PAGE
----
Dragon Age II follows the suit by giving your Companions unique bonuses/passive powers upon reaching high levels of either Friendship or Rivalry, such as the shieldmaiden Aveline taking 10% damage for Hawke if her Friendship was maxed out.
In Raidou Kuzunoha vs. King Abaddon, your Mons will gain a new skill when their loyalty is maxed out. This is the primary method of gaining passive abilities, which are sorted differently from attacks.
And the more Loyalty you gain, the higher Raidou's Rank becomes (some ranks are just awesome: Morning Star, or Taisho Examplar), but also: at certain levels, Raidou is gifted with more tubes, allowing him to hold more demons.
In Monster Rancher 2, your monster's relationship values have a major game mechanic effect. Monster with low Loyalty are much more likely to fool around during fights, disobeying your commands and leaving themselves open to attacks. If a monster gets too spoiled, it will often refuse to do its training exercises, while a monster that fears you too much gets stressed out (shortening its lifespan) and is likely to run away. How you treat your monster can also affect its Good-to-Evil axis, which both affects its behavior and its access to certain techniques.
Alpha Protocol gives you "perks" for getting into bed with various women which adds a couple of in-game benefits. It also gives you experience points, so it's always funny to see Mike level up just after doing the dirty. Oh and the game has six achievements based around sex - five for having a good night and one for abstaining. You get perks whatever you do. Perk list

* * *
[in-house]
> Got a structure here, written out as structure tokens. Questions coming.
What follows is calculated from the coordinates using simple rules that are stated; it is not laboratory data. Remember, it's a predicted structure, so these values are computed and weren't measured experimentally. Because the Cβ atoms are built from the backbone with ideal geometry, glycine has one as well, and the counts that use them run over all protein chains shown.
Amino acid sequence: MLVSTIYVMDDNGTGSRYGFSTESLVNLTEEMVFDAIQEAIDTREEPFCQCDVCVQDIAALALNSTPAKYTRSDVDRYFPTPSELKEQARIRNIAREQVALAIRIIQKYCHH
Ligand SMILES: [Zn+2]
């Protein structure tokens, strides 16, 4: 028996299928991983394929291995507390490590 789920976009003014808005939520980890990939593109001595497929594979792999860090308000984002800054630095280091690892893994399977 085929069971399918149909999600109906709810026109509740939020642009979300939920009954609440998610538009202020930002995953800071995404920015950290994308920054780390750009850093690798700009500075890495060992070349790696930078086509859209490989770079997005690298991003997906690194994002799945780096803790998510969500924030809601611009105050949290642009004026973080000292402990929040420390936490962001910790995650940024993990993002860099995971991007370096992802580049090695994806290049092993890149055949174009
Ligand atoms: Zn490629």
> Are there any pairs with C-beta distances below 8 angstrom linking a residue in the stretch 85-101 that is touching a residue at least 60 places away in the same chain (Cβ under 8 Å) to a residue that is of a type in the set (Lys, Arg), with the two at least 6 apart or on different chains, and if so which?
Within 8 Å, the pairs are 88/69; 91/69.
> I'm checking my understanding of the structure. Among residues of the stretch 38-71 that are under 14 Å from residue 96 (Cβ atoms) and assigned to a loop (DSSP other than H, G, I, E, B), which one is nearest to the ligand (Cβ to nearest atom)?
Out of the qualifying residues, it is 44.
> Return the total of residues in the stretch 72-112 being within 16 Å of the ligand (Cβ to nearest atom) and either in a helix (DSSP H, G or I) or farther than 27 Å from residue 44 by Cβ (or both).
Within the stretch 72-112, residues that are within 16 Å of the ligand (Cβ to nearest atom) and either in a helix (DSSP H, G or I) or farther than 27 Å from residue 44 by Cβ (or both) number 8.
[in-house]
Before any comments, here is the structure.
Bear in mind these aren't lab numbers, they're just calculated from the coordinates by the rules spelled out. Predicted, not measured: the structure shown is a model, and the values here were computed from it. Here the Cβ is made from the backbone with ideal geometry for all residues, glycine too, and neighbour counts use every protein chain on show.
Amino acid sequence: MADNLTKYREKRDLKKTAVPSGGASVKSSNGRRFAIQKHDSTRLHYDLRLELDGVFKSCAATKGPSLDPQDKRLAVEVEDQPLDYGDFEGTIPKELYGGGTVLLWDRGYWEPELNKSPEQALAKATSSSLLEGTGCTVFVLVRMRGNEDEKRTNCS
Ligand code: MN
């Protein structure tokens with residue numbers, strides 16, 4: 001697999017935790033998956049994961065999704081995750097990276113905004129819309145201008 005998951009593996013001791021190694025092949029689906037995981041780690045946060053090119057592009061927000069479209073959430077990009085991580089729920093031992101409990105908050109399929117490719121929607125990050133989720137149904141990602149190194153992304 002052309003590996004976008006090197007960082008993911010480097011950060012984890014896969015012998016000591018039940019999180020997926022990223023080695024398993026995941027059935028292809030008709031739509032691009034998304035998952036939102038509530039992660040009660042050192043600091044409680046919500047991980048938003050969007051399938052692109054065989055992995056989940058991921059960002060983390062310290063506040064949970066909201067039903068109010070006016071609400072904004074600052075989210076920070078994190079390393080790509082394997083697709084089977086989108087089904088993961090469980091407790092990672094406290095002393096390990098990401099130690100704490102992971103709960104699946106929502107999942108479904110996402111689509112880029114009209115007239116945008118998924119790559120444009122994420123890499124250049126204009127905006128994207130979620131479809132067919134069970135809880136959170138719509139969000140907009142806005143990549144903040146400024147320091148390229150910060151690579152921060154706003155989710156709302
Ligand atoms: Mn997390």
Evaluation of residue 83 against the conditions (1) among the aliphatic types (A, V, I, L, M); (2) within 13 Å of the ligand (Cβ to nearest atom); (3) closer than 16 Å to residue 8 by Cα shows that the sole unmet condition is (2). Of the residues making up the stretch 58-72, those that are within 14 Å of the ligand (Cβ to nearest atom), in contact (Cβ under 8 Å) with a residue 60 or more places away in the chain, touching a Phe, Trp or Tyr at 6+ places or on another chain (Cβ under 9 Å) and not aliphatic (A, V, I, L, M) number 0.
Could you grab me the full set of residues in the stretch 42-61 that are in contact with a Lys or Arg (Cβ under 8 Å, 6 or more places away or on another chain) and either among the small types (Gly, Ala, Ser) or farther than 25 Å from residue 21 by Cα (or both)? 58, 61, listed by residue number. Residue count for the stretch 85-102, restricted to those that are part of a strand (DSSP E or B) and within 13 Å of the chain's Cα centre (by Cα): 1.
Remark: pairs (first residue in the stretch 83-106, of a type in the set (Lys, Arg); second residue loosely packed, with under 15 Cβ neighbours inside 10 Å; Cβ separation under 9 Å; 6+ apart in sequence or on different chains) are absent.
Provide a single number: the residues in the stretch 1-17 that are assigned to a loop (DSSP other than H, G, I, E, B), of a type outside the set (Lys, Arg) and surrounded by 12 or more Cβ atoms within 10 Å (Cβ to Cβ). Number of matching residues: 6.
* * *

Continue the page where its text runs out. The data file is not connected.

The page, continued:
Earning the loyalties of your squadmates in Mass Effect 2 increases their effectiveness in the Suicide Mission and unlocks an additional power for them. Shepard also benefits, as they can choose one ally's loyalty power for their own use. However, doing the actual romances does not bring any gameplay benefits to Shepard or his/her partner.
Building a healthy rapport with Yeoman Chambers gives you the option to have her feed your fish, so they don't die if you forget to do so after every mission.
Which plays into the third game. Getting Chambers to feed your fish in 2 and then ensuring she survives the Ceberus attack on the Citadel is the only way to get one of the Intel stat bonuses.
In Septerra Core you may lead lead Grubb and Led to start a romantic relationship witch each other, which rewards both of them with unique special attack.
In Xenoblade, raising the affinity between your party members allows them to equip each other's skills, increases the effectiveness of chain attacks in combat, and makes it easier to craft high quality gems.